Taiko: An Epic Novel of War and Glory in Feudal Japan

Author: Eiji Yoshikawa
Translator: William Scott Wilson
U.S. publisher: Kodansha
ISBN: 9784770026095
Released: October 2000
Original release: 1941

Taiko: An Epic Novel of War and Glory in Feudal Japan is the second work by Eiji Yoshikawa that I have read. Taiko is probably Yoshikawa’s best known work in English following Musashi, another of his epics, which I have also read. Yoshikawa was a prolific author in Japan, particularly respected as a historical novelist, but only four of his works are currently available in English, the other two being his telling of The Tale of Heike and his memoir Fragments of a Past. Taiko was first released in Japan in 1941. The English translation by William Scott Wilson was initially published in 1992 by Kodansha International and then again in 2000. Like Musashi, the English edition of Taiko has been abridged from the original. I’m not entirely sure how long Taiko was to begin with, but the shortened version of the novel is nothing to ridicule with well over nine hundred pages of dense text.

Taiko begins in the year 1536. At the time Hiyoshi, later known as Toyotomi Hideyoshi, was only a troublesome young boy the age of six. The novel follows him and the tumultuous state of Japanese society as he becomes one of Oda Nobunaga’s most trusted retainers. Nobunaga is extraordinarily ambitious and ruthless in his methods striving to unite Japan under his own banner. It’s a dream that can’t be realized without the aid and efforts of Hideyoshi and Tokugawa Ieyasu, who would go on to found the Tokugawa Shogunate. The prospect of unifying Japan is not an easy one. After the collapse of the Ashikaga Shogunate, the country was thrown into a state of chaos with many clans fighting each other in order to claim the power to rule.

The most difficult thing about reading Taiko is the sheer number of characters involved in the story. Someone might be thoroughly introduced only to die or otherwise meet fate a few pages later. An added challenge to this is that many of the characters undergo multiple name changes as the novel progresses. Taiko is divided into ten books. At the beginning of each of these sections, a brief list of prominent people and places is given. This is very useful, but a more comprehensive and complete register would have been even more helpful. Some familiarity with feudal era Japan would be extremely valuable for or perhaps even expected of someone undertaking to read Taiko. It’s not always clear why certain people or references that are made are important without a basic understanding of the the historical context of the story. The constantly shifting politics and alliances can likewise be difficult to follow.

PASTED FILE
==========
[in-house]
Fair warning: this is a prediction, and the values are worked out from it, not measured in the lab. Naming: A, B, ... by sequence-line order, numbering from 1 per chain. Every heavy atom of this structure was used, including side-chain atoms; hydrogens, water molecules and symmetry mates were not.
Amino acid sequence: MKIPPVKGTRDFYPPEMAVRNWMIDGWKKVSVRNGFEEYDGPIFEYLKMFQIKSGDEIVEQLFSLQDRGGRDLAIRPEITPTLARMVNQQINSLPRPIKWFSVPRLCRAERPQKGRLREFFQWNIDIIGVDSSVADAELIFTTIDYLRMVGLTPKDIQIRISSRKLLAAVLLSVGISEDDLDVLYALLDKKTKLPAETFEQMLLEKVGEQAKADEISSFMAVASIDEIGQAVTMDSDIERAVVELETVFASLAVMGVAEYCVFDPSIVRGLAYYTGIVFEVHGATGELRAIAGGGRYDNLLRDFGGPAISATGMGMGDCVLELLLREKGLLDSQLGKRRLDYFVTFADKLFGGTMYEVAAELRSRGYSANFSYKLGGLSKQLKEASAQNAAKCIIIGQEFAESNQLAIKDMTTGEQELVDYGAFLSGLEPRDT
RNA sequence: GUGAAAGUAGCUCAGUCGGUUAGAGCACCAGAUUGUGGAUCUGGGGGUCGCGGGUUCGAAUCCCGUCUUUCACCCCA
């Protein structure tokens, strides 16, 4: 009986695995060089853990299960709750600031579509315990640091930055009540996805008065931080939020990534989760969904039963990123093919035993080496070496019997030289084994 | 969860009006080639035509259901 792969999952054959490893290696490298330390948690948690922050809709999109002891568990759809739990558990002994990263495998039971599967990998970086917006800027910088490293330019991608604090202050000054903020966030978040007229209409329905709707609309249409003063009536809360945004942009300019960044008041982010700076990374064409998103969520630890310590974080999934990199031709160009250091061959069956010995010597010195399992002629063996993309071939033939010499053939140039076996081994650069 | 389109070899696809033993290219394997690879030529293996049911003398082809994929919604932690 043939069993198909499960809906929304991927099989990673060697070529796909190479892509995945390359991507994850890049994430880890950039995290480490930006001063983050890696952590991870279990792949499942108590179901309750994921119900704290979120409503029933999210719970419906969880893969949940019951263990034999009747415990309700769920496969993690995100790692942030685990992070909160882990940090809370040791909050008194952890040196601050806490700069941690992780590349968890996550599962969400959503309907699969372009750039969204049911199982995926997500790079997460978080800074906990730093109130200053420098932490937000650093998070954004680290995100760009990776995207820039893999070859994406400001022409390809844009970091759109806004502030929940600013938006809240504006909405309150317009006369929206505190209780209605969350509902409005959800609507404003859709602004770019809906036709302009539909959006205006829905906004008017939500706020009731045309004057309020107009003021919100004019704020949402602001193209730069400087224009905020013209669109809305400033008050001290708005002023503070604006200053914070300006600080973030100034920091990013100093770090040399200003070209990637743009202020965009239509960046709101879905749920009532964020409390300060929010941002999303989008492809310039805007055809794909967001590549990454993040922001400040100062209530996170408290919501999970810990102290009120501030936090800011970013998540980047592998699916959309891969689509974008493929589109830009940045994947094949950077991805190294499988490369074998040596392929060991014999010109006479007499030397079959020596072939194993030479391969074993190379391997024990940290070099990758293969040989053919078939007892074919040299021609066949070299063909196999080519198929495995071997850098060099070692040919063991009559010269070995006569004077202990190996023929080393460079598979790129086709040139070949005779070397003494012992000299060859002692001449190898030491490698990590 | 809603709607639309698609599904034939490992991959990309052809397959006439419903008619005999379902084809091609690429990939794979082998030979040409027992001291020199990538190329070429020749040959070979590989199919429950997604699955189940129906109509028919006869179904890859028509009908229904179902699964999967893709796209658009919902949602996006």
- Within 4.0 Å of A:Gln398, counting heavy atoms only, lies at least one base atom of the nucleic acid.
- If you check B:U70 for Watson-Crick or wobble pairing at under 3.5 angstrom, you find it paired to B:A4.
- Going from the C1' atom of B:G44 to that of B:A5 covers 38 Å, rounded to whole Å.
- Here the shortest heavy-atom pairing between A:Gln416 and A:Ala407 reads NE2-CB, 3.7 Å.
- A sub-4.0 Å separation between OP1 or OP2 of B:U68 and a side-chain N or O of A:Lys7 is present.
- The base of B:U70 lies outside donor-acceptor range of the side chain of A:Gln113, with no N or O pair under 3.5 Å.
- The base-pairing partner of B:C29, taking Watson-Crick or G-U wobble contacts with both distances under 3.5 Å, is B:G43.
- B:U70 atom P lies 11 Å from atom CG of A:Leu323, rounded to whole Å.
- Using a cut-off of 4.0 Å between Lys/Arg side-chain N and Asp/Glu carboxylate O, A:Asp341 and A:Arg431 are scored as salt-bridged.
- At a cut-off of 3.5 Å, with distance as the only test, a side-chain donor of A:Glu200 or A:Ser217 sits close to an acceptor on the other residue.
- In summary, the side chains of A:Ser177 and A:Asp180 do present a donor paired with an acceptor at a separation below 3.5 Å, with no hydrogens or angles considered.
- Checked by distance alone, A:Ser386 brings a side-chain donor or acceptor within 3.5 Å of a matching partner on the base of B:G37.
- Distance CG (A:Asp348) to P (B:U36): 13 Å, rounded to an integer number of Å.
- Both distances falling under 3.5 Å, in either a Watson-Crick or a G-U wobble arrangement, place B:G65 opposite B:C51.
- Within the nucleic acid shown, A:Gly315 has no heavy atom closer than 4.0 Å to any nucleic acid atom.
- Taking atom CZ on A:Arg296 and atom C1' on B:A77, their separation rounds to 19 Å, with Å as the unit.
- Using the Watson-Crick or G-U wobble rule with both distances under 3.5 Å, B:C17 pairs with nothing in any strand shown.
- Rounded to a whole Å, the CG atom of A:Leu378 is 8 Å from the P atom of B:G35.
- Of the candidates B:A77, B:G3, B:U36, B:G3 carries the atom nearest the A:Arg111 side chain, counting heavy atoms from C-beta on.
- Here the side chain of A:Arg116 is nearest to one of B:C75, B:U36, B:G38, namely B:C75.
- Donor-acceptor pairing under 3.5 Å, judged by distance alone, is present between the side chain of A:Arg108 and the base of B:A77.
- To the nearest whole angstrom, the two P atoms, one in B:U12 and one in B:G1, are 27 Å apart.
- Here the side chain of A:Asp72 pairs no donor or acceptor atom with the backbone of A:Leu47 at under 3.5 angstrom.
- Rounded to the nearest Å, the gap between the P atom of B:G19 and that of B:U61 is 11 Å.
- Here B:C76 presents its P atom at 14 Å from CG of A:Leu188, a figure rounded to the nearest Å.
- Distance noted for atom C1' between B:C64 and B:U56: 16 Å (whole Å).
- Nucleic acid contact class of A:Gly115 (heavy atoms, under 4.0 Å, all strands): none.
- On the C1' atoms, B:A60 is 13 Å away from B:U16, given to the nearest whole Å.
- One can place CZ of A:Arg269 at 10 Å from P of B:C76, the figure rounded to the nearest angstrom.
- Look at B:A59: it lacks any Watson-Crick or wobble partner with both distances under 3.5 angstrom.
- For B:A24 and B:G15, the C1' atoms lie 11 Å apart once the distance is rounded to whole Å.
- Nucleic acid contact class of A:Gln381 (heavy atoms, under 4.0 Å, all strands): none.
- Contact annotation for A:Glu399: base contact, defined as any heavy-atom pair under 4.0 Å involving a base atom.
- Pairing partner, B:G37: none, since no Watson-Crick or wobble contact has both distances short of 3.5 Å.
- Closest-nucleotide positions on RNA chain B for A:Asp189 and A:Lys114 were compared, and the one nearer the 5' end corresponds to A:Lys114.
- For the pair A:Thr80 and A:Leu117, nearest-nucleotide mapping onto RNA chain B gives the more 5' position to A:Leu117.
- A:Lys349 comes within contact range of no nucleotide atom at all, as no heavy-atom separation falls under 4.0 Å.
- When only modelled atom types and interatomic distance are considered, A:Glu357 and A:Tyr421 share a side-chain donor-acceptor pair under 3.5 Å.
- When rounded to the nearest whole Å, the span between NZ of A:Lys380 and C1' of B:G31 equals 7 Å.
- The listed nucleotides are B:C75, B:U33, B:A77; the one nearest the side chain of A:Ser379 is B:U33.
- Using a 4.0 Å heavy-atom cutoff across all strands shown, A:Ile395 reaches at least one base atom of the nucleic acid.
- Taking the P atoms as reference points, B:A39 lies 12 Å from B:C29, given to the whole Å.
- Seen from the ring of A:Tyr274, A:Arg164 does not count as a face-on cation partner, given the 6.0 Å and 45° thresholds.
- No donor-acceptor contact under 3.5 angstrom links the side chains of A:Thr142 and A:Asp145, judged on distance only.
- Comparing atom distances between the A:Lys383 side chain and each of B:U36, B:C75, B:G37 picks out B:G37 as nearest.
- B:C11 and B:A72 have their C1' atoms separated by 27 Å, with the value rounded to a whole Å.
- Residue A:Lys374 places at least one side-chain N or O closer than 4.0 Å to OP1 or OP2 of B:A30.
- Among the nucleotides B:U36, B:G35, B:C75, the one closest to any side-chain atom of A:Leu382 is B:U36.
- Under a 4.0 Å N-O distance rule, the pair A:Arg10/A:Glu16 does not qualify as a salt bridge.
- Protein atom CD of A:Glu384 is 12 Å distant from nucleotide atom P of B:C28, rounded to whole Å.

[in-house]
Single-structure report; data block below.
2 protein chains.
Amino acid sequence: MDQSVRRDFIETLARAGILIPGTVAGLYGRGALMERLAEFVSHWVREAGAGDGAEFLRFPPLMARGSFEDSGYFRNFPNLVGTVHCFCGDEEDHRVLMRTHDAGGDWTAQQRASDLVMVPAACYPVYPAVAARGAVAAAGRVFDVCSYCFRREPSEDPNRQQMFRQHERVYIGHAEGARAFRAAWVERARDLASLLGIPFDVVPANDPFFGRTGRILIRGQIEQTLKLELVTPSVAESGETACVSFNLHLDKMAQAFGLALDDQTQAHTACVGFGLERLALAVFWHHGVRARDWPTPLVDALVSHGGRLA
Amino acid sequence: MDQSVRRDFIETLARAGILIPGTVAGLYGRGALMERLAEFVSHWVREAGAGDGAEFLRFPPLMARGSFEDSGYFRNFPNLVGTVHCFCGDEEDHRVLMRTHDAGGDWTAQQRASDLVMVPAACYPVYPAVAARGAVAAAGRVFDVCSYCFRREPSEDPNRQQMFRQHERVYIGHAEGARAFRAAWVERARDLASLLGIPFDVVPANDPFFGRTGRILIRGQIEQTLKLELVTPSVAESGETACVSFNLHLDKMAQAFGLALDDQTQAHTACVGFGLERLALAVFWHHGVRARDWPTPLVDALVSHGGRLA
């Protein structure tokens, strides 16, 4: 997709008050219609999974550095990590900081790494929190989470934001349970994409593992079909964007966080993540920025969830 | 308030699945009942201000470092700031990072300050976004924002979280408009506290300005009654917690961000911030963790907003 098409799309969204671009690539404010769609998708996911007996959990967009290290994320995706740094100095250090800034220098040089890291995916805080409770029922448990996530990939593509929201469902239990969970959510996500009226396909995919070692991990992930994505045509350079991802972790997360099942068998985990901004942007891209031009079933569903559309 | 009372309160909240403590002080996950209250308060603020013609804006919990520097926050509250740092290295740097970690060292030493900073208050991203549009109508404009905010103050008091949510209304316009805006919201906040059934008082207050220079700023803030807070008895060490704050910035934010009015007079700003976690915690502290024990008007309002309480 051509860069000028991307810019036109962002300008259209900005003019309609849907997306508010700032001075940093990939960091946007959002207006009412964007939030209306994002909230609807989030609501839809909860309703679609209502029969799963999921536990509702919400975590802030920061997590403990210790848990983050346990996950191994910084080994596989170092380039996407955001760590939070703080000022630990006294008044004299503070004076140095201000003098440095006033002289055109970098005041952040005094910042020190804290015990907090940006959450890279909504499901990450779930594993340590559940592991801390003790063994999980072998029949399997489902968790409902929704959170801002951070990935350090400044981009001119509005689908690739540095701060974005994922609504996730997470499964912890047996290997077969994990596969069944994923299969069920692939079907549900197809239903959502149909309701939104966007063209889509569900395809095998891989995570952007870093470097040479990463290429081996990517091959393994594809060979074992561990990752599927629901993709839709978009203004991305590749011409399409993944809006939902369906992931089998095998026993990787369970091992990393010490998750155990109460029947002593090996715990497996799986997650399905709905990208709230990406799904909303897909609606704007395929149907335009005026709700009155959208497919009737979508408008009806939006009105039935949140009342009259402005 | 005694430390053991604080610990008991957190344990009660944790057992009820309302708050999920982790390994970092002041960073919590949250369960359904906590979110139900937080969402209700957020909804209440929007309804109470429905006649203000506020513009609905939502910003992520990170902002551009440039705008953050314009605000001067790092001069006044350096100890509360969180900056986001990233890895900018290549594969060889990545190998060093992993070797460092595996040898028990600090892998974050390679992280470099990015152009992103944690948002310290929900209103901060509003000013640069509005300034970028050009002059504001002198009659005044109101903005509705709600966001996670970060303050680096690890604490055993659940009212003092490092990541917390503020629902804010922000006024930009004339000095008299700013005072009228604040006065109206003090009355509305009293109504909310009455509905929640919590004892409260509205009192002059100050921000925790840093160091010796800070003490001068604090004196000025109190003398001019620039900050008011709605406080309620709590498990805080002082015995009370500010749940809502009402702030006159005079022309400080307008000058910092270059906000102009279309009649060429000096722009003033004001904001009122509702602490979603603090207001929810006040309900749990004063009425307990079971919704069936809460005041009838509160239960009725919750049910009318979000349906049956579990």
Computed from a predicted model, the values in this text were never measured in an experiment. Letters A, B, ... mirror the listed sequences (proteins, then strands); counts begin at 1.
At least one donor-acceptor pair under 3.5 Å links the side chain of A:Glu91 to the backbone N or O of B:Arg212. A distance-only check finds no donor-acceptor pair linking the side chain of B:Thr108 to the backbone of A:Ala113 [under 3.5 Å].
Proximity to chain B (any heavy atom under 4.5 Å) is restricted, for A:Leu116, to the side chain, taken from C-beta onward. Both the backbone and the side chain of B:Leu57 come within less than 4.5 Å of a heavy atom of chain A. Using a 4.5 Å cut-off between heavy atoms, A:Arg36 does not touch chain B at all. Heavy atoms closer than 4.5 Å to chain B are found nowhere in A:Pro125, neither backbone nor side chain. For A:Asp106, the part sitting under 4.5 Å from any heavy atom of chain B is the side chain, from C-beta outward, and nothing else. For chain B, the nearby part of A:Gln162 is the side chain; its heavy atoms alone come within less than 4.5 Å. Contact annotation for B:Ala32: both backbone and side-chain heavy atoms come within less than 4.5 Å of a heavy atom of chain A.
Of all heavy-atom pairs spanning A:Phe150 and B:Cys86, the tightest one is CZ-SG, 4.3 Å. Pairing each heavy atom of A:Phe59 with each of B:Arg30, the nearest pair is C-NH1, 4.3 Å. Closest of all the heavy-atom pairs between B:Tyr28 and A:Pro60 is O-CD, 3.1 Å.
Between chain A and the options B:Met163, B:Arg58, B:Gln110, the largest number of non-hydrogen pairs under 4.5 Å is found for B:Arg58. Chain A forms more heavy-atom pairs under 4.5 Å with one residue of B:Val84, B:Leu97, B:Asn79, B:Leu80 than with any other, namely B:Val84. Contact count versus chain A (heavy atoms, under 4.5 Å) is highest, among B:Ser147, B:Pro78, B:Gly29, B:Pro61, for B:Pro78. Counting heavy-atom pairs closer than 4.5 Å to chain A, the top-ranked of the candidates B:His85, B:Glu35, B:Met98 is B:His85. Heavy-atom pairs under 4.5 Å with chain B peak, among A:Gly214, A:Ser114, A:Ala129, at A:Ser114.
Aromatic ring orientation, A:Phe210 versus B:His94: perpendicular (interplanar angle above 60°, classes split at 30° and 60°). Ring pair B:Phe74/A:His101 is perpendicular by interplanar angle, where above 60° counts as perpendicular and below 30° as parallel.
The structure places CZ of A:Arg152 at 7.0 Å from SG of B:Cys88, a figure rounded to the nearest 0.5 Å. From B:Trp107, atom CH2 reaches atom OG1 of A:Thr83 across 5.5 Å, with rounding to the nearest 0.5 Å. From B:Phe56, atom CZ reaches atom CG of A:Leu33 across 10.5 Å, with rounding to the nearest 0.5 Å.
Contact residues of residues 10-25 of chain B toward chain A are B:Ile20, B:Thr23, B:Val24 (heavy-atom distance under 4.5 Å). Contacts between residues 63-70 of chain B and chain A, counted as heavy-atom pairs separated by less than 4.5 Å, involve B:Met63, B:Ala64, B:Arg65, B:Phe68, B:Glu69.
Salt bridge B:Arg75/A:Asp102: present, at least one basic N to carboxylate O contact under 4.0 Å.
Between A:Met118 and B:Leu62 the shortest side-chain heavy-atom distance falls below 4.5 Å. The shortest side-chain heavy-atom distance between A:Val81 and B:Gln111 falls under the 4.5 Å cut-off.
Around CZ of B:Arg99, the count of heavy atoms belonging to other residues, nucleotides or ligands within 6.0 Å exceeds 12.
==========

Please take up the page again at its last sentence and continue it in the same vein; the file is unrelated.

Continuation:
Taiko is described as an epic for good reason. It is a long and complicated novel, capturing the end of the Warring States period and the following attempt at the political unification of Japan. Many of the characters pull off some very impressive diplomatic and military maneuvers. The near constant state of war allows Yoshikawa to write brilliant battle sequences and when there isn’t fighting there is plenty of political intrigue to keep everyone occupied. Taiko provides an immersive, and at times even inspiring, experience of sixteenth century Japan. However, the novel’s length, even abridged, is certainly felt. There really isn’t much character development, although people might exhibit sudden changes in behavior, and even the narrative arc comes across as somewhat flat. Perhaps Yoshikawa was too constrained by the historical realities of the period. But there’s some great stuff in here, too, and I’m glad I took the time to read Taiko.